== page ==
“Many things that end up” being meaningful, writes social scientist Joseph Grenny, “have come from conference workshops, articles, or online videos that began as a chore and ended with an insight. My work in Kenya, for example, was heavily influenced by a Christian Science Monitor article I had forced myself to read 10 years earlier. Sometimes, we call things ‘boring’ simply because they lie outside the box we are currently in.”

If you were to come up with a punchline to a joke about the Monitor, that would probably be it. We’re seen as being global, fair, insightful, and perhaps a bit too earnest. We’re the bran muffin of journalism.

But you know what? We change lives. And I’m going to argue that we change lives precisely because we force open that too-small box that most human beings think they live in.

The Monitor is a peculiar little publication that’s hard for the world to figure out. We’re run by a church, but we’re not only for church members and we’re not about converting people. We’re known as being fair even as the world becomes as polarized as at any time since the newspaper’s founding in 1908.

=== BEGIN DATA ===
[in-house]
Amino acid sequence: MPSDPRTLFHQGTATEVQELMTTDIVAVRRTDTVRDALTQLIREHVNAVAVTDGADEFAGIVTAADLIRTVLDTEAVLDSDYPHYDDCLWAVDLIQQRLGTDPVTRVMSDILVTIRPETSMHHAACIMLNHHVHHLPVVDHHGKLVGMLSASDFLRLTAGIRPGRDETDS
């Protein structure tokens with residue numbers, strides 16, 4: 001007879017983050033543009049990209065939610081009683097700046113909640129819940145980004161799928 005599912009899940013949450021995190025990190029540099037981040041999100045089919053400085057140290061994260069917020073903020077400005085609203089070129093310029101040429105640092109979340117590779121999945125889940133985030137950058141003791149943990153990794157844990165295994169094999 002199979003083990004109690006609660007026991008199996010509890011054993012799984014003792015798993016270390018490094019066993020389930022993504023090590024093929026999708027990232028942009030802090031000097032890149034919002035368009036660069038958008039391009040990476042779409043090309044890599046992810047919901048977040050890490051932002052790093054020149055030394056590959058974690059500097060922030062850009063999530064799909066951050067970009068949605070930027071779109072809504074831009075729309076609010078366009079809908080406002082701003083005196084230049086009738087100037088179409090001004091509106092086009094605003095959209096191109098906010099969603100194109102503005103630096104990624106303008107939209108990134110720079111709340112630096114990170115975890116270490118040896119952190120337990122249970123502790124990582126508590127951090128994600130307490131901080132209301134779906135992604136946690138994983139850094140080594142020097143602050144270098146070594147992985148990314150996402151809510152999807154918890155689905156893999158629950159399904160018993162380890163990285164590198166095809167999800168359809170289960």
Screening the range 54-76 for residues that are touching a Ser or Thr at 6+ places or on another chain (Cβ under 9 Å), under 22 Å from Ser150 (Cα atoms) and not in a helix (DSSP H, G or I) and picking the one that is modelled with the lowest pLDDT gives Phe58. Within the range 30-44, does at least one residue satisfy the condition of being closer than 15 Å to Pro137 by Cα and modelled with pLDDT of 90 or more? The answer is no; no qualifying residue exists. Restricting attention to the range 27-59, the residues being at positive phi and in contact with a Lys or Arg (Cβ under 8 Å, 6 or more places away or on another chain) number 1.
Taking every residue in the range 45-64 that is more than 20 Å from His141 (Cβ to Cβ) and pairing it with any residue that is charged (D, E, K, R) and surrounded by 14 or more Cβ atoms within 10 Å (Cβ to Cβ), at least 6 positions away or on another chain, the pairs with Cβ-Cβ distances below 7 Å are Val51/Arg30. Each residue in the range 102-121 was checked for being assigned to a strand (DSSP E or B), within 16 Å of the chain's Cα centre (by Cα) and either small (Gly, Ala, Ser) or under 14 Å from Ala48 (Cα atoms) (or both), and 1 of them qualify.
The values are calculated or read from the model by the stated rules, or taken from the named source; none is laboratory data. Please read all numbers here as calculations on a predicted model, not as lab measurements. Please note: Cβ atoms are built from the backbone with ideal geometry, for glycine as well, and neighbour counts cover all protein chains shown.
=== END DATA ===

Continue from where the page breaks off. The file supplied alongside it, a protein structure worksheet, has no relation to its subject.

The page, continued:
We have a mission beyond circulation, we want to bridge divides. We’re about kicking down the door of thought everywhere and saying, “You are bigger and more capable than you realize. And we can prove it.”

If you’re looking for bran muffin journalism, you can subscribe to the Monitor for $15. You’ll get the Monitor Weekly magazine, the Monitor Daily email, and unlimited access to CSMonitor.com.